We have been like hunters who have lost the points of the heavens and from whom the sun has been held for days,’ said Hawk-eye, turning away from his companions. The Last of the Mohicans. J. Fenimore Cooper.
Had Hawk-eye been able to obtain a compass he would have rated it second only in value to his famous rifle “kill-deer.” In the Leather Stocking Tales, Cooper’s scouts are represented as telling directions, when the sun was obscured, by observing on which side of a tree of the forest the moss grew thickest. As a youngster playing at scouting I made many attempts to put this little gem of scouting lore into practice without any success, and have long since learned to depend on the magnetic compass for direction. The sun is a dependable guide, but there is no assurance that it will be visable when the need to determine a proper course is an immediate necessity.
A simple incident proved to me the value of a pocket compass. With a companion, I was hunting birds on a day in late November over terrain which was relatively flat, and made up of abandoned farm lands owned by a mining company. The day was overcast but the sun was visable through the haze. We were hunting over land with which we were well acquainted and knew the general direction to hunt in order to return to a summer camp where we had parked our car. About three in the afternoon the wind increased in force, and suddenly it began to snow. As the snow flakes increased in numbers, it became increasingly difficult to see for any distance. We had enjoyed a good day and the biting wind was rapidly making us feel uncomfortable. We started to return to the car, and in the interval of time that it took to walk about 1oo yards, large flakes of snow blown almost horizontally across our front completely obliterated the familiar landscape and confined our field of vision, at most, to a few rods. While not unduly alarmed, the prospect of spending any considerable time, under such conditions, in the open was not pleasant to contemplate. Even the two setters were satisfied to remain at heel and did not have to be admonished at intervals to remain there.
The wind tore at our clothing in sudden gusts and we appeared to be walking first in one direction and then a moment later on another, as the wind veered from one point to another. A query from my hunting companion, who asked, “Do you know the way to the car?” resulted in an abrupt stop for consultation. We were agreed on the general direction which we should travel to reach the car. and my pocket compass was quickly consulted to determine that direction. As we were unable to take a bearing on a distant object and walk toward it, I held the compass fixed so that the needle coincided with the North point of the card. Keeping my body and the compass in the same relative position, I turned slowly around until the North end of the needle pointed to the desired bearing. Thus in a manner exactly similar to the method a helmsman uses to steer a vessel by the magnetic compass, we walked through the blinding snow storm. In a short time the land began to dip away from us as we entered a small draw, which led to a spring we recognized as the source of the water supply for the summer house. Chilled fingers quickly pocketed the compass as we knew we were within thirty yards, more or less, of the house, which was quickly located. Had we actually been in any danger? Well, the storm kept up until dusk and I assure you that without the compass and a fair amount of know-how regarding its use, we might have suffered severely from the cold before we located a road that would have brought us eventually to the shelter of some farm house.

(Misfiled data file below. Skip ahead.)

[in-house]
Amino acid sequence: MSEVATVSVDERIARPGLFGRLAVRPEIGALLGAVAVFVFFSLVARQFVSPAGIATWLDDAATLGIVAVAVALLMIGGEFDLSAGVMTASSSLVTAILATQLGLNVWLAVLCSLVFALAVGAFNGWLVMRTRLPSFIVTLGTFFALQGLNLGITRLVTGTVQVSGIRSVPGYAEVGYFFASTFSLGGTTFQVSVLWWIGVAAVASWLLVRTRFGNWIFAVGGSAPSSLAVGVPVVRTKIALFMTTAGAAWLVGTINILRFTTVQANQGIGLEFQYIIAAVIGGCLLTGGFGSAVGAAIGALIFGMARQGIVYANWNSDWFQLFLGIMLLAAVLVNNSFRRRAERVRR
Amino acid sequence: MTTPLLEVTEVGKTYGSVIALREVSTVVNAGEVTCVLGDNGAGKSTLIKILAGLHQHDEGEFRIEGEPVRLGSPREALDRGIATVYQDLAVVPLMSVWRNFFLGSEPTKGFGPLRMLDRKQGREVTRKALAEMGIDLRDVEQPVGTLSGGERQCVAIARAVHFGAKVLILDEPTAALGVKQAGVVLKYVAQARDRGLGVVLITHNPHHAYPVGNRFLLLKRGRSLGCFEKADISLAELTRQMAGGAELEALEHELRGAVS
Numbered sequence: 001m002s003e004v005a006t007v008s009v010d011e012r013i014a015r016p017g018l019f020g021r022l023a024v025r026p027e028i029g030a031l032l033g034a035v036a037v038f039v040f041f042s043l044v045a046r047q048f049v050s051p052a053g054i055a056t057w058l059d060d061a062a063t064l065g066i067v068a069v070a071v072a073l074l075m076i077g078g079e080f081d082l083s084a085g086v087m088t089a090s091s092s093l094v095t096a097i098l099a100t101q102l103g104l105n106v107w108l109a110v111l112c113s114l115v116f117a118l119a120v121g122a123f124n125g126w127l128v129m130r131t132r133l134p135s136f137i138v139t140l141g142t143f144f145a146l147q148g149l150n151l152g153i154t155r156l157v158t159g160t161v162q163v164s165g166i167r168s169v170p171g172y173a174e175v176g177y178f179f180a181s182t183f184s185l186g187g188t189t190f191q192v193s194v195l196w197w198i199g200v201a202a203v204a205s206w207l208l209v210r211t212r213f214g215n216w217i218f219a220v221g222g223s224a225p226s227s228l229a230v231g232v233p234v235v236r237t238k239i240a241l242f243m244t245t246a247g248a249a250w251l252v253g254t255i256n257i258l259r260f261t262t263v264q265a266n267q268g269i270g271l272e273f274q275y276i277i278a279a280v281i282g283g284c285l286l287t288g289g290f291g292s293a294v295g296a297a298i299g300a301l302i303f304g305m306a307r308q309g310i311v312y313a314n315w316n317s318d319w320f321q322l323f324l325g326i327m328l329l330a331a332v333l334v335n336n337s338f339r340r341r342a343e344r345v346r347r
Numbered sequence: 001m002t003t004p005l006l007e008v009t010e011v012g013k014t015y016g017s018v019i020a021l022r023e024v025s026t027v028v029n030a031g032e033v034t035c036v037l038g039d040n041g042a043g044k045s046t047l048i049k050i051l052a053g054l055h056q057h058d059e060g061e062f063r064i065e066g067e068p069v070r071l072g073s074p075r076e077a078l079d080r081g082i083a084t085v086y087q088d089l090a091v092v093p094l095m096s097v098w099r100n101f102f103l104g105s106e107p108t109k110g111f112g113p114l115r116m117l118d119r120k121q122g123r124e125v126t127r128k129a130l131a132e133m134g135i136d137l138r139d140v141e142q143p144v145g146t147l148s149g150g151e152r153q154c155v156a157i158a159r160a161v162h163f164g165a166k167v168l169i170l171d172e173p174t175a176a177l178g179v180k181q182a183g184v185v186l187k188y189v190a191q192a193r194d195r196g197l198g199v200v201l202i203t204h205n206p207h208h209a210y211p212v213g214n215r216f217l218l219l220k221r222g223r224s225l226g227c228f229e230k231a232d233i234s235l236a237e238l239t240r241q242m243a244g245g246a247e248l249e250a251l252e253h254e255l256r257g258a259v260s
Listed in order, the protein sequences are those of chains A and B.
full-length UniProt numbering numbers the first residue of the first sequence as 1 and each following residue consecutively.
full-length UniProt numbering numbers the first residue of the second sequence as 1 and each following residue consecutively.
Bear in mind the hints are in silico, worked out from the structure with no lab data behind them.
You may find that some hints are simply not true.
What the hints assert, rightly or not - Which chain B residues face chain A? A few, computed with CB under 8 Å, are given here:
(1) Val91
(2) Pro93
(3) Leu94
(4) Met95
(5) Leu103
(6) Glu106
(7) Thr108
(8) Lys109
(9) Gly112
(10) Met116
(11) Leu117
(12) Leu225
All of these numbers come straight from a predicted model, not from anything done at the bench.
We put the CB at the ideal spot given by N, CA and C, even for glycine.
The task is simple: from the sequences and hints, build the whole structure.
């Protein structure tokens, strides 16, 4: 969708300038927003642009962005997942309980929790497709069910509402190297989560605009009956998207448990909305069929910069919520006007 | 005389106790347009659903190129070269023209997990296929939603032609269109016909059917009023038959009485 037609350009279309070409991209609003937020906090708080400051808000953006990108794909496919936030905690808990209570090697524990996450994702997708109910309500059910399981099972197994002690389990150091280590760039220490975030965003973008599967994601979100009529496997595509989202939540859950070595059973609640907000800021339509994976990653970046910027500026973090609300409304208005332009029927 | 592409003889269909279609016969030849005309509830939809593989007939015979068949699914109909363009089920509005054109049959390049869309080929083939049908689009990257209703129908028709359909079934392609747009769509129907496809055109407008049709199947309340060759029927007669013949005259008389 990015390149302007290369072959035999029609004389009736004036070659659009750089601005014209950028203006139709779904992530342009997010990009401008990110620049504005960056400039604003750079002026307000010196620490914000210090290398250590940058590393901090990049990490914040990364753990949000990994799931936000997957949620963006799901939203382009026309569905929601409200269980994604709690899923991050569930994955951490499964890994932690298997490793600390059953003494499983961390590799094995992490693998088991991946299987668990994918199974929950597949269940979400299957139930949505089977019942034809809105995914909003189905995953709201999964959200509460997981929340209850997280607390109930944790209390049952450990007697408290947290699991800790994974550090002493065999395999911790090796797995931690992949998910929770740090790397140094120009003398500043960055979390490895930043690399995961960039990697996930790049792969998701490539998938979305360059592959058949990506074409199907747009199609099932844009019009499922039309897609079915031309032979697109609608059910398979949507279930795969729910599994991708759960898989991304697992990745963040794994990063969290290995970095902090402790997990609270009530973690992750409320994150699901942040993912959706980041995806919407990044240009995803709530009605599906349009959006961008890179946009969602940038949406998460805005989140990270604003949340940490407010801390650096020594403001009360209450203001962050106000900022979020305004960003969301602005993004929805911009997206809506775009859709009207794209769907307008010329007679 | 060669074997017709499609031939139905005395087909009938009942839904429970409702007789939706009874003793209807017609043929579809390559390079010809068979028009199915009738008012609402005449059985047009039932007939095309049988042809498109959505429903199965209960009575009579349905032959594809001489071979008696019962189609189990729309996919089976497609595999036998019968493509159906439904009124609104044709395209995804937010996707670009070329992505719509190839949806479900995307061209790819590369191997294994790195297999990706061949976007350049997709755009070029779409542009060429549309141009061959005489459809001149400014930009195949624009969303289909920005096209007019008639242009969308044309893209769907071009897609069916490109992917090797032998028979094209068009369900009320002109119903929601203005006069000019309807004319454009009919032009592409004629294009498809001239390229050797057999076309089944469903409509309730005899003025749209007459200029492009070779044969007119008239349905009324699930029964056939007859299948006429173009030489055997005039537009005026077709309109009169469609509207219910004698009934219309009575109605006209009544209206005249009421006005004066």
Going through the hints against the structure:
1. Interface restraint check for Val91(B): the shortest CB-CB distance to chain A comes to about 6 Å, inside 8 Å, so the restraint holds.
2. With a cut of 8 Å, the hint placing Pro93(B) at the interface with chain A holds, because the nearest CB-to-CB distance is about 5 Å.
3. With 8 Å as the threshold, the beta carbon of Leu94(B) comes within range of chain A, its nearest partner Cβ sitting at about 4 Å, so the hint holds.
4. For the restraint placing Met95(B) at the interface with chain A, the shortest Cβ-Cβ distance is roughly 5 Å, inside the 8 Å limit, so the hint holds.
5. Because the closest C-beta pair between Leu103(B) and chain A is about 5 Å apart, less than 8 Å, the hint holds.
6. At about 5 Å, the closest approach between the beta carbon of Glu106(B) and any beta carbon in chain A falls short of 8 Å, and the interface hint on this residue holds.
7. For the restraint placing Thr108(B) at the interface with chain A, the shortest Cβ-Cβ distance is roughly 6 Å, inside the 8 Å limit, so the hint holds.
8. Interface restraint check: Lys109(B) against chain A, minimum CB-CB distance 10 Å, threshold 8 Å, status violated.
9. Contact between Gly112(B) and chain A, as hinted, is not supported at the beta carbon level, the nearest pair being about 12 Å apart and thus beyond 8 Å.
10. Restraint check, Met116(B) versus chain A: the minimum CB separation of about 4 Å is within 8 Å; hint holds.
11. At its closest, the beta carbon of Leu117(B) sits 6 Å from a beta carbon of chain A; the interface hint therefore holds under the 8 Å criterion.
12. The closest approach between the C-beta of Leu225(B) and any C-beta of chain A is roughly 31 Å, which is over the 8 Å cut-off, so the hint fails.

To make use of the magnetic compass it is essential to understand the principal on which it works and the degree of accuracy that can be obtained in determining a true bearing by its use. The lines of force of the earth’s magnetic field are employed to direct a needle mounted on a pivot so that it only moves freely in a horizontal plane, and therefore the horizontal component of the earth’s force alone directs it. The direction assumed by the needle is not generally toward the geographic North but,
Apart from local disturbances (such as those due to iron in the soil, or in mines, trap rock, articles made of iron or steel and carried on or about the person, steel in structures, etc., which cause the needle to be deflected from the magnetic meridian by a horizontal angle called the “deviation” of the compass) the declination varies from place to place at a given time, and from time to time at a given place. However, in the United States there is an “agonic line” or line of no declination marked on the chart as O degrees, entering the country at present in the State of Michigan and leaving it in South Carolina. Along this line, the needle normally points approximately true north and south; but, at points not on or near the agonic line, the north end of the needle tends toward the line. In other words, at points east of the agonic line the declination is west, and vice versa; and this declination increases with the distance of the point from the agonic line, reaching at present 23 degrees west in Maine and 24 degrees east in the State of Washington.